The excitement around Villeneuve’s version shows us the passion for the book remains. On the way to the preview screening a few weeks ago, a young woman was reading the book on the bus with a vague smile on her face. And there’s no question millions of fans have been waiting for Villeneuve’s pandemic-delayed film for decades after the debacle of David Lynch’s well-intentioned but hard-to-watch 1984 version.

It’s the biggest film of 2021, and for most fans, it’s a joyous occasion. They’ve waited a long time to see the book realized in the same serious way that Herbert presented the space opera — a dense take on politics, religion, economics, race, class, genetics, climate, addiction, heredity and our very humanity. But from the moment the news was announced, the drumbeat of criticism could be heard in the background.

Villeneuve was aware of this when he undertook the project, which splits in two Herbert’s brick-sized first installment in the sprawling series that continues today under the guidance of his son, Brian, who lives in Washington state.

Asked about the white savior trope and modernizing the story by The Nerds of Color in an interview, Villeneuve said: “That’s a very important question. And it’s why I thought ‘Dune’ was, the way I was reading it, a critique of that [trope]. It’s not a celebration of a savior. It’s a condemnation and criticism of that idea of a savior. Of someone that will come and tell another operation how to be and what to believe … it’s a criticism. That’s the way I feel it’s relevant and can be seen contemporary. And that’s what I’ll say about that. Frankly it’s the opposite.”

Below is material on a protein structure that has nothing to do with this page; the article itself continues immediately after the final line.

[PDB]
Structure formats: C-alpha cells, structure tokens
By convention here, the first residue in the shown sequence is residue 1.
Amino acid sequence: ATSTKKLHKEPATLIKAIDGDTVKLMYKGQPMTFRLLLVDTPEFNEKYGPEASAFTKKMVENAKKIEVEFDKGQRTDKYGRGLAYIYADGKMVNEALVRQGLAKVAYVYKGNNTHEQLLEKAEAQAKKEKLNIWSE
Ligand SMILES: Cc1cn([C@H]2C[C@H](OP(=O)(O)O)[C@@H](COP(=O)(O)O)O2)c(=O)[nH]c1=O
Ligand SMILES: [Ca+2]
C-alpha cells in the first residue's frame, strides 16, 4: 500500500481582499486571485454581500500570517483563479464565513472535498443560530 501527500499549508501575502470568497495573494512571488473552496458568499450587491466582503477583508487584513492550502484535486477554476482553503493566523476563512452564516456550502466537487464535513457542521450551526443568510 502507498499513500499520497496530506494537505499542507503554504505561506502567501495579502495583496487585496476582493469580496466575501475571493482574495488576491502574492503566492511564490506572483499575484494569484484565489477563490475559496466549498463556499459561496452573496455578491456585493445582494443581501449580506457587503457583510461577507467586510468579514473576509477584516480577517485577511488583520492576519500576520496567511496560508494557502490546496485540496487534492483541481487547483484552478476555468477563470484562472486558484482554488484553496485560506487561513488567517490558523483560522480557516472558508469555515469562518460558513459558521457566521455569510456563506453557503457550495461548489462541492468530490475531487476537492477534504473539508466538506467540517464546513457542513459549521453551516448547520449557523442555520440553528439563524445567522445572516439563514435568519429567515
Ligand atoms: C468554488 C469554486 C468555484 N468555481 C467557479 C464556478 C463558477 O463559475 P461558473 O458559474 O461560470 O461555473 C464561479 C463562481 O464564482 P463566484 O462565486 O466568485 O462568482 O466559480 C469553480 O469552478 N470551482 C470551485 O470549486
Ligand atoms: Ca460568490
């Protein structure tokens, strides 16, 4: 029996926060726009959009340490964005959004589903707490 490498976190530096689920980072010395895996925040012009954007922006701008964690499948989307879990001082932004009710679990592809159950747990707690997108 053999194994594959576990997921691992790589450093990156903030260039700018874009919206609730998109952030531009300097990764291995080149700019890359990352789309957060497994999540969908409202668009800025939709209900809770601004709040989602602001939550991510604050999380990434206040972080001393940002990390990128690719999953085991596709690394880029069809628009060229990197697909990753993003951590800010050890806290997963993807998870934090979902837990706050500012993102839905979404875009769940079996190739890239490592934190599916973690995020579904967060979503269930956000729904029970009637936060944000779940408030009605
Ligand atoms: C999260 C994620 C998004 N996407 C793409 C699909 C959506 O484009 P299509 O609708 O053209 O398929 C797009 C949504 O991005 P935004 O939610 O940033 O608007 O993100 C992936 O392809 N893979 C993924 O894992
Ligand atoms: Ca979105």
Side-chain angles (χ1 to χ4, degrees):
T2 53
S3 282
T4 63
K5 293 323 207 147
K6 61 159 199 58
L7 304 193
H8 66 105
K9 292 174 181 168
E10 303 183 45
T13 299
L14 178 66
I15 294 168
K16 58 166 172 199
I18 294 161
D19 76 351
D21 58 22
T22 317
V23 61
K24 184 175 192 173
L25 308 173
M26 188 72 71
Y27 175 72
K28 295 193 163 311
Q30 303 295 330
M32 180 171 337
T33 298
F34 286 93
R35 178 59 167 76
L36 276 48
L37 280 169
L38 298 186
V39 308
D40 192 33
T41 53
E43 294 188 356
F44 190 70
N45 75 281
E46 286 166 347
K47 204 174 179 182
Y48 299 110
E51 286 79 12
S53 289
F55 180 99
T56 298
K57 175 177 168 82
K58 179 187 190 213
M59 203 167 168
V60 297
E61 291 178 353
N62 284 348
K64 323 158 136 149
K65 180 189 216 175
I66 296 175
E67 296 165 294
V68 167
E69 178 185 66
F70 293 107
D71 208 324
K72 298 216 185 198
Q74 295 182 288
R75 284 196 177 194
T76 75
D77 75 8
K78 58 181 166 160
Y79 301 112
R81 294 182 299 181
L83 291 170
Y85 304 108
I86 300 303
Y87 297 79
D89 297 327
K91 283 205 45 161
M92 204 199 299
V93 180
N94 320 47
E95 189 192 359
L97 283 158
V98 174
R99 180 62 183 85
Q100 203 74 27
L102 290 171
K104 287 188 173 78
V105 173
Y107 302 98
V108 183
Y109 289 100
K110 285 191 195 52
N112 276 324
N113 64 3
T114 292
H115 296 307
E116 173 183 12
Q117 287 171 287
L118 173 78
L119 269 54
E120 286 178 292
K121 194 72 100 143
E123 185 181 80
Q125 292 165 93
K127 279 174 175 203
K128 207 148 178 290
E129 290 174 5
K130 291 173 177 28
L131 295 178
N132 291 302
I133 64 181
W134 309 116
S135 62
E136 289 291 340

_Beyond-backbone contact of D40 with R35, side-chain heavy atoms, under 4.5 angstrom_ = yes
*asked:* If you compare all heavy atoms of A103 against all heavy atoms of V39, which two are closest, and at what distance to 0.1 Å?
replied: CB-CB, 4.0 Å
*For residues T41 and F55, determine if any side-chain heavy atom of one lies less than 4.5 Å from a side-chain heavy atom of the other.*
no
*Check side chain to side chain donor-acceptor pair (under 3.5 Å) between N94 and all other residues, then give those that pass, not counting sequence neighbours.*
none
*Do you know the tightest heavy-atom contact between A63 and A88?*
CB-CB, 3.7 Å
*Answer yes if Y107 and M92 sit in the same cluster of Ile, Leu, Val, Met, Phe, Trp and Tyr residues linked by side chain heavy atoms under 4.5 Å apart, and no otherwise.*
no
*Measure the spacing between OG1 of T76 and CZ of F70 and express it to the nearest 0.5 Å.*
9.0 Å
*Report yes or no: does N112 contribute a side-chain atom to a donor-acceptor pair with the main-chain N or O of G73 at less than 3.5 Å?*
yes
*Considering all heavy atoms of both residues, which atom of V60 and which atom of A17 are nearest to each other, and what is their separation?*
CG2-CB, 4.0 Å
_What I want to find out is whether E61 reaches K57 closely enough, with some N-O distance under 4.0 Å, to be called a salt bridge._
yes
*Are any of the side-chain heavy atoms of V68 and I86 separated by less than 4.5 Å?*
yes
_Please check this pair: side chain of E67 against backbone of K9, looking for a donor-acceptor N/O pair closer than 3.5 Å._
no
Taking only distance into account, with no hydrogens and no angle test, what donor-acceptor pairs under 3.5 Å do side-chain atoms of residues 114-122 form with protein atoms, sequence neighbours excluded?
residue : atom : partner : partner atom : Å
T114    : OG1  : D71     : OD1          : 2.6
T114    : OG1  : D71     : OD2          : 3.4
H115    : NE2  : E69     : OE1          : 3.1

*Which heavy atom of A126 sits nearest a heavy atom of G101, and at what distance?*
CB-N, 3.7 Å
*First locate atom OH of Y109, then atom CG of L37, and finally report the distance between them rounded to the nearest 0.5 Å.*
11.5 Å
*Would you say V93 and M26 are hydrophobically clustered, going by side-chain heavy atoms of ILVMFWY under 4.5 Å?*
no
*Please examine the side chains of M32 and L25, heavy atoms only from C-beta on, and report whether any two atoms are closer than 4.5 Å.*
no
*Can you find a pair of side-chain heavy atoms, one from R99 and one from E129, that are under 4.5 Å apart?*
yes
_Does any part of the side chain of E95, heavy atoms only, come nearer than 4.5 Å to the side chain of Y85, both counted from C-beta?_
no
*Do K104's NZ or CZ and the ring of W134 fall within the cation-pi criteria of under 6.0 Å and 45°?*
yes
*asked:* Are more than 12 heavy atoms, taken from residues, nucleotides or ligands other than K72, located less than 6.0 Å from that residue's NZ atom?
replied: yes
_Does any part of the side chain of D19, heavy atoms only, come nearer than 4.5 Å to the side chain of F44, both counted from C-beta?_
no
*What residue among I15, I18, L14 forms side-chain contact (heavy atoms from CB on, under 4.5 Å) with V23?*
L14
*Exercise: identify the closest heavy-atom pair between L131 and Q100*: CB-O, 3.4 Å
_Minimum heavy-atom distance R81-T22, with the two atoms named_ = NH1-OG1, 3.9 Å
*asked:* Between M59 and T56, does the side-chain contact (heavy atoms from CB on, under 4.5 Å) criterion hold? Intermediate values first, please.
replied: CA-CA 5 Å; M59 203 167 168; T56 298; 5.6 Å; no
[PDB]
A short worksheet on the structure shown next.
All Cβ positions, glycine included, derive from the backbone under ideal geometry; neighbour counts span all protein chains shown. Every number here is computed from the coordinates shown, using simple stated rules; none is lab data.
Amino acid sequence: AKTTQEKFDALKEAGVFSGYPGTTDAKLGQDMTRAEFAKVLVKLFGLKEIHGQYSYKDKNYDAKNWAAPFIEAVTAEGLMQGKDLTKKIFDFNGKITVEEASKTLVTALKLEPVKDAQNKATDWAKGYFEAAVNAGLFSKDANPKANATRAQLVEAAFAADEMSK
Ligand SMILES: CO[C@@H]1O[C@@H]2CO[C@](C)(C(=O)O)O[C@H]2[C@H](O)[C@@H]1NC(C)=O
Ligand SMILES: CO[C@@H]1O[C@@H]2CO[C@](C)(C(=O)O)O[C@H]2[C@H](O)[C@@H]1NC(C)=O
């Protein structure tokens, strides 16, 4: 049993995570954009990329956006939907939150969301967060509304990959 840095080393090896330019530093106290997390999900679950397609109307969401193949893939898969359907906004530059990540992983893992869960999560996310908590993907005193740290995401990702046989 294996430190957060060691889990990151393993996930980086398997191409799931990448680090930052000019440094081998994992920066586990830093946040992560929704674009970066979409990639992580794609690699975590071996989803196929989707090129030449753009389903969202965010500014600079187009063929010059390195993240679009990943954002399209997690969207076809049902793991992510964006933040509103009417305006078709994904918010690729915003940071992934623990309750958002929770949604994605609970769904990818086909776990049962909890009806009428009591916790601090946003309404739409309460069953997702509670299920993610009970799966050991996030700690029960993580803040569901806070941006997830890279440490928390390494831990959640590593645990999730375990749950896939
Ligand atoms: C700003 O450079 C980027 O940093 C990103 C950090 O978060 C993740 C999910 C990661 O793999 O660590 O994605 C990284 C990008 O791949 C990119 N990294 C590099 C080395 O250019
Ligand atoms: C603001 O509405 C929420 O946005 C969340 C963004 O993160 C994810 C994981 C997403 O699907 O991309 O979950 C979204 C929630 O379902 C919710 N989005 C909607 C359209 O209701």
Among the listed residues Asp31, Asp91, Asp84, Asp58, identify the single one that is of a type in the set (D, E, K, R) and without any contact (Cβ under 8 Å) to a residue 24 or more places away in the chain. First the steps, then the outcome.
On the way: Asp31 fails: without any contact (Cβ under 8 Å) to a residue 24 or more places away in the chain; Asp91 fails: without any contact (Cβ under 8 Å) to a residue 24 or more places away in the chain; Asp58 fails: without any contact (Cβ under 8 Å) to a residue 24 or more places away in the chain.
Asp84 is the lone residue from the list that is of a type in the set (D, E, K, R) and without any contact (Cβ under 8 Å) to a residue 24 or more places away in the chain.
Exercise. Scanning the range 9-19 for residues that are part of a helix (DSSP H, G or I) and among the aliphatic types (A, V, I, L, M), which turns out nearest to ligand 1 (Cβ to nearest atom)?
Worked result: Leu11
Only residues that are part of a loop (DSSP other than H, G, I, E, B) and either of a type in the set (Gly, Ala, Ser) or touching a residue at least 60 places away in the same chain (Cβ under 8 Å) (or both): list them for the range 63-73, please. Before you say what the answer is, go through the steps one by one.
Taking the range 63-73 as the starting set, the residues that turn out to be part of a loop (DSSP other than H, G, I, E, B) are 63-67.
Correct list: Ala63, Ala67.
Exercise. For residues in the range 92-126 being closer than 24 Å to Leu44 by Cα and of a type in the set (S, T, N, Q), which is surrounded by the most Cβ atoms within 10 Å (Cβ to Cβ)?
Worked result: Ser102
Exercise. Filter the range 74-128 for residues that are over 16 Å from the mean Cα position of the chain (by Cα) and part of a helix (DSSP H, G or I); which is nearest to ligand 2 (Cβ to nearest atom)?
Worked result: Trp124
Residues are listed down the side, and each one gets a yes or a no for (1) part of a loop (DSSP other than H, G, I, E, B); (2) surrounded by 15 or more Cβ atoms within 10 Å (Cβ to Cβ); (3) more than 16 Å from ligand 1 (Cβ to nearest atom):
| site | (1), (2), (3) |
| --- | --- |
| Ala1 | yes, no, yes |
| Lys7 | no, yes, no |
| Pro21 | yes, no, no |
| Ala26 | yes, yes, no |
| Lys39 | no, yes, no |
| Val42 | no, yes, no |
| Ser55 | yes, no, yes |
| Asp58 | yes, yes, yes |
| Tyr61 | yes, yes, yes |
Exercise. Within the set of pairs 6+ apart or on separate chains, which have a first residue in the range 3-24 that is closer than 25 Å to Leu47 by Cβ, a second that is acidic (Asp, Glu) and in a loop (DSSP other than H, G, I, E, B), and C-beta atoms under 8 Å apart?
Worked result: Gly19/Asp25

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Francesca Annis as Lady Jessica, left, and Kyle MacLachlan as Paul Atreides in David Lynch’s 1984 “Dune.” (Universal)

Lynch stylizes his much-maligned version with his own idiosyncrasies and drew plenty of criticism then and now (even beyond the Toto soundtrack and Sting’s appearance in a mankini). It hearkens back to the serialized sci-fi movies of the 1930s and ‘40s like “Flash Gordon,” “Buck Rogers” or “Commando Cody” with Kyle MacLachlan playing Paul Atreides. The director then layers on his own special brand of camp.